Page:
Washington, DC (WorkersCompensation.com) – A former American University of Afghanistan (AUAF) professor has filed a claim with the U.S. Department of Labor (DOL) for workers’ compensation after being injured in an attack at the school.
According to an article in Inside Higher Ed, the professor claims that since the school was under a five-year $40 million agreement with the U.S. Agency for International Development; the school should have been covered by Defense Base Act insurance coverage, which the Department of Labor (DOL) oversees.
Cecil Lui, a native of Hong Kong with dual citizenship in Canada, worked as an associate professor of finance at AUAF. Lui was injured when suspected Taliban members attacked the school in August 2016. The attack left 14 dead and more than 50 wounded, when a car bomb blew out a wall that allowed attackers to enter the school and open fire.
Lui said in the complaint that he sustained injuries to his neck, chest, esophagus, vocal chords and larynx, as well as emotional and psychological damage. Lui was teaching on the second floor of one of the school buildings. After sustaining the injuries in the attack, he jumped from his classroom window and suffered injuries to his left wrist and elbow from the fall.
When the university re-opened, Lui said he was unable to return to work. AUAF continued to pay Lui through March 20, when it offered to pay him through June, provided he signed a confidentiality agreement and a liability release with the University. Lui declined to sign the agreement.
Lui has since filed a claim with the U.S. DOL. His attorney, Scott Thaler, argues that the Defense Base Act would have required the AUAF to obtain Defense Base Act insurance.
In an informal conference, the DOL found in Lui’s favor and recommended that AUAF pay Lui more than $1,000 per week, “until he has recovered from his injuries and/or has reached maximum medical improvement allowing him to return to work.” The DOL also suggested that AUAF should reimburse Lui for all treatment associated with his injuries, including treatment by Lui’s doctor of choice.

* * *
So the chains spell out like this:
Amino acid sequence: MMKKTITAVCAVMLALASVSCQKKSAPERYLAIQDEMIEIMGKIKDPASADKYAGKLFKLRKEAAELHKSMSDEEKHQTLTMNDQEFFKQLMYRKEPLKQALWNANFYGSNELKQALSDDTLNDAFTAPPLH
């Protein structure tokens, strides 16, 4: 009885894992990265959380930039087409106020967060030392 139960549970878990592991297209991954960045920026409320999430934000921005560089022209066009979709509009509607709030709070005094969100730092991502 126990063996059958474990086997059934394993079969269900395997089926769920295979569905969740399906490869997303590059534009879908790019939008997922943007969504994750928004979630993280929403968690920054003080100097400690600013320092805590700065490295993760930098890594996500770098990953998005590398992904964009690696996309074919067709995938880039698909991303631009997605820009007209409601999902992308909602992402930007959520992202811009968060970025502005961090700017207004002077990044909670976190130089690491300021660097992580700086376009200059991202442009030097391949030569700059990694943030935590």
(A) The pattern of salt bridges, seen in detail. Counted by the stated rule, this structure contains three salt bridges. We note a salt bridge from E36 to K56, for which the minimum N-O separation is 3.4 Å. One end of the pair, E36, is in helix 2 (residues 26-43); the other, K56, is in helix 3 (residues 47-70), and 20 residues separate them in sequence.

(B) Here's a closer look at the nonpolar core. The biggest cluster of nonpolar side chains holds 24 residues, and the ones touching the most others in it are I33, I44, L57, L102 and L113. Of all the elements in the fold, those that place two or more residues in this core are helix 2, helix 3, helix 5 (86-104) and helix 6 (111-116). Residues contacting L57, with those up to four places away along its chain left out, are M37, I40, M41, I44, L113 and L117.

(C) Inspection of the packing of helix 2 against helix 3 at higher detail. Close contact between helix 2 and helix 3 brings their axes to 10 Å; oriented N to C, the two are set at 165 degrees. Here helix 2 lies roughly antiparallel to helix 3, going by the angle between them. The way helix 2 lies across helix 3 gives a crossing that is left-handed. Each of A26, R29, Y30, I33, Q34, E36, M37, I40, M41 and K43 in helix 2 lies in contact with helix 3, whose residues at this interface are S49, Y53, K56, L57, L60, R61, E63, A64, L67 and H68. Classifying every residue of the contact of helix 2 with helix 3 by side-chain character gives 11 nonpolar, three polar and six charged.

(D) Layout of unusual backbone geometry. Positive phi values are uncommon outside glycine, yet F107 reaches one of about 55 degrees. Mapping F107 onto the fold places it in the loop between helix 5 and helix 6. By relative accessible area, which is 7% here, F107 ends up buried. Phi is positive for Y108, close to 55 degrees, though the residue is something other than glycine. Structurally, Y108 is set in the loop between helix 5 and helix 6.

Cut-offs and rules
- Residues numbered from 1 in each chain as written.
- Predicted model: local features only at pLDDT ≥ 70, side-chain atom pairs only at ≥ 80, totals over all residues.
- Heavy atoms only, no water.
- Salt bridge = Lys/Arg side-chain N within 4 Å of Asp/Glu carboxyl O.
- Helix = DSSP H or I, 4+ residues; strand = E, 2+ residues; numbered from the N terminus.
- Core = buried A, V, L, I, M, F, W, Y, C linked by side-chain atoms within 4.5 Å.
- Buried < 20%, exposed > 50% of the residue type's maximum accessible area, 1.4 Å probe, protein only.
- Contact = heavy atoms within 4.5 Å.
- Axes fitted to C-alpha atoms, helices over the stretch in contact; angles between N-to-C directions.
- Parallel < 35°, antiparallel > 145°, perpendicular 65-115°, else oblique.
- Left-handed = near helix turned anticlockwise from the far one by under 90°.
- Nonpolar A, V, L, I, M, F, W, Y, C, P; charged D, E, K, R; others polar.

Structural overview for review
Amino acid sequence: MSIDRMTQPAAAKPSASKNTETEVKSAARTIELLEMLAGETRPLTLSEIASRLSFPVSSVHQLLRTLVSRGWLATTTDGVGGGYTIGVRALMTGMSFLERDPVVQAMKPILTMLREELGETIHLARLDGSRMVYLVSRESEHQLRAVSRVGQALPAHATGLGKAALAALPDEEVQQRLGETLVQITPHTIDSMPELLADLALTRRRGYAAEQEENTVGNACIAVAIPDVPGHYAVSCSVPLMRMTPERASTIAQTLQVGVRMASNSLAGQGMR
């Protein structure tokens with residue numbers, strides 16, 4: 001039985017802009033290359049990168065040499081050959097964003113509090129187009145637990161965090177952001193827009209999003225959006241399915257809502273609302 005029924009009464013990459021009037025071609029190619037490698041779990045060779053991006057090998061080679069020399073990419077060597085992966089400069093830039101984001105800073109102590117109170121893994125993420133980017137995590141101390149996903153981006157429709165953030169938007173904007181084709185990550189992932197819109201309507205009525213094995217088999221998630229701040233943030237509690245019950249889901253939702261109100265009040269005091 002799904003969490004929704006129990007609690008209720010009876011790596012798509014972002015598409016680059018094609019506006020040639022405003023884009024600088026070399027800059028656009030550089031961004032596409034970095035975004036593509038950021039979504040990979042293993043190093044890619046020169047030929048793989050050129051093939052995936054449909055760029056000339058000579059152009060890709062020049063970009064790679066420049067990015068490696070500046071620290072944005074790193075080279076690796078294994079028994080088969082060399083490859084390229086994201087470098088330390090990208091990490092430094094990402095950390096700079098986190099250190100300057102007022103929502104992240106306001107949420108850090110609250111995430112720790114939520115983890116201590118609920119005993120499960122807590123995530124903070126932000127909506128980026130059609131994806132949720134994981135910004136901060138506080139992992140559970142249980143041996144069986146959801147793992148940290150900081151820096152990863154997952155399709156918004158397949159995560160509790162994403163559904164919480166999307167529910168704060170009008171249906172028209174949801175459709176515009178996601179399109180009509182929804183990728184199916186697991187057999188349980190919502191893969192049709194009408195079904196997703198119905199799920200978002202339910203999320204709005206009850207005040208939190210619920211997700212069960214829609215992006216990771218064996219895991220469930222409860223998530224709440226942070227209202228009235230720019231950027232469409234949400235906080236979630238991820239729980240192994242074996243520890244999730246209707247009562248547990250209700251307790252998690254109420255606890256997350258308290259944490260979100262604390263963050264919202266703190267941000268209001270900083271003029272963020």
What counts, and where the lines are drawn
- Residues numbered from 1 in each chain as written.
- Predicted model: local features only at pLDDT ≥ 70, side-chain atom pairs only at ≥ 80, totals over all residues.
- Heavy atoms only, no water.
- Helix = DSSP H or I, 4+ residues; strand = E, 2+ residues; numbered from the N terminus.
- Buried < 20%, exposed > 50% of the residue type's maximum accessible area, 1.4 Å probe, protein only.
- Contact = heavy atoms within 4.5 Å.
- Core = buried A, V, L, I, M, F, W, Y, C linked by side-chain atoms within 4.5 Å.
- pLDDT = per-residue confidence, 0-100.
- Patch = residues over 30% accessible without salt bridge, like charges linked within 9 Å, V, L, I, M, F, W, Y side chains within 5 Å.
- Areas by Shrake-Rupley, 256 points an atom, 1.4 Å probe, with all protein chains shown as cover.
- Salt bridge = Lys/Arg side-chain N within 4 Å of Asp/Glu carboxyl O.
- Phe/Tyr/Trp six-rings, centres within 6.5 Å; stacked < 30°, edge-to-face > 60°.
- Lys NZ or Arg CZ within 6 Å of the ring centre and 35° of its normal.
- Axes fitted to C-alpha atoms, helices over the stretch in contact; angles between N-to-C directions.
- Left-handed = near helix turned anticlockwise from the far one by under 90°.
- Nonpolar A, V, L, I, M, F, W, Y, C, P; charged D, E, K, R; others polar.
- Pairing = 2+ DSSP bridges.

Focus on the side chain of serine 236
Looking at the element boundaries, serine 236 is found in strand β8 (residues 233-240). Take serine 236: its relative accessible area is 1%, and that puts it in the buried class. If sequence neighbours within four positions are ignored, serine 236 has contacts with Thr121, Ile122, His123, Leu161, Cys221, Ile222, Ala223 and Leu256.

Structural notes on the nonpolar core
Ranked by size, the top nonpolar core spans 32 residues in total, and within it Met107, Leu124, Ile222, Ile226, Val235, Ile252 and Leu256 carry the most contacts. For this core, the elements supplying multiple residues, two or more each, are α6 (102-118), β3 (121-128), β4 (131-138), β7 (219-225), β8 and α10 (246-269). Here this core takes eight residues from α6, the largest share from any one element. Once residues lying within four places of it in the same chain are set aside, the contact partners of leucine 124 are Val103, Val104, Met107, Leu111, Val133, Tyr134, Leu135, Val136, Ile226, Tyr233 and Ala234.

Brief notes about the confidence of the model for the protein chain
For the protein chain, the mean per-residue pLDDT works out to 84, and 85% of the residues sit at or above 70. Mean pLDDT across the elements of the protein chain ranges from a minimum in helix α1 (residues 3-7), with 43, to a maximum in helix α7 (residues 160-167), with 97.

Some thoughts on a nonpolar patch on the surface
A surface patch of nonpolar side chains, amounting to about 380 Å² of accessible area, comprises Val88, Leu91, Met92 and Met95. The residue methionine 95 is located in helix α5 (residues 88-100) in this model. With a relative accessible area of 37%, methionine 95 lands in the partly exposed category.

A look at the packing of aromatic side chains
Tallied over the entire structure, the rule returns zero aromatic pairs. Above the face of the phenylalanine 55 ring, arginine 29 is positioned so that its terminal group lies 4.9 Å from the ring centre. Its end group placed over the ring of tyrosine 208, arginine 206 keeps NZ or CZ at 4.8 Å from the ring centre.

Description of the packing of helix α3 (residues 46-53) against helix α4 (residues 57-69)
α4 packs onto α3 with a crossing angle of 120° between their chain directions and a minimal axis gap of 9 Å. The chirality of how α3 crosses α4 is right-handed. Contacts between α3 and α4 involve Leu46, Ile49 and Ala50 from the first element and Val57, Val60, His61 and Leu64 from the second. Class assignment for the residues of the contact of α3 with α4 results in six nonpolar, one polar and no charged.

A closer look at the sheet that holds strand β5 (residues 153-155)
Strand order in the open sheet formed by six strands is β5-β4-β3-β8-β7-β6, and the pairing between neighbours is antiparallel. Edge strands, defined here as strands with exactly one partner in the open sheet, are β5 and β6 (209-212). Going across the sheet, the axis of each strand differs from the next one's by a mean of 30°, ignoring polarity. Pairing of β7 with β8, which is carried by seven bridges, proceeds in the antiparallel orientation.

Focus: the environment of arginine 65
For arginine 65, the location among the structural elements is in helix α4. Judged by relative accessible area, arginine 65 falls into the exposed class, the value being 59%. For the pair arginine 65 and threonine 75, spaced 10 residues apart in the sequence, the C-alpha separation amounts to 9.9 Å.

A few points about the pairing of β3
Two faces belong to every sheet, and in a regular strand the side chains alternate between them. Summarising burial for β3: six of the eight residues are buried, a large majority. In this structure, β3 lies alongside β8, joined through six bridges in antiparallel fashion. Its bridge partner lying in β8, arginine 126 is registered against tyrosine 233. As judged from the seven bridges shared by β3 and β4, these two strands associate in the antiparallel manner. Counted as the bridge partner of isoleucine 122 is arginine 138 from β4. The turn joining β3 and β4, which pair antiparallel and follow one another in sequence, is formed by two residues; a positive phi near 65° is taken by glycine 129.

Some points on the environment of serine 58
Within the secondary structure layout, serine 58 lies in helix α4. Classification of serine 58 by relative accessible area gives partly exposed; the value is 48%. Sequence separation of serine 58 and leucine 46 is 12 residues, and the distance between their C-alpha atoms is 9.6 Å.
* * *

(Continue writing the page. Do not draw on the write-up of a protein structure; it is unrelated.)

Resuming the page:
In a statement, the University said it has been supporting the professor.
“The entire university community has been deeply affected by the attacks and AUAF has been supporting all of its students, faculty and staff through the difficult recover process,” the school said. “With respect to Professor Lui’s claims, the university was only recently made aware of the Department of Labor proceeding and did not have the opportunity to participate in it, but is now studying the issues involved.”
But Thaler, Lui’s Boca Raton (FL)-based attorney, said the DOL has found that the school should have been covered by Defense Base Act insurance and that Lui should receive those workers’ compensation benefits the insurance provides for compensation and medical benefits.
“He has very extensive injuries,” Thaler said in an interview with WorkersCompensation.com. “Our position is that it is the university’s responsibility to pay for his medical care and compensation during his treatment. We’re doing our best to fight for Dr. Lui’s best interest and see that he receives what he deserves through the Defense Base Act.”
The case has been referred to the DOL for a formal hearing.
Thaler said there was no indication, at present, when that hearing would be held.
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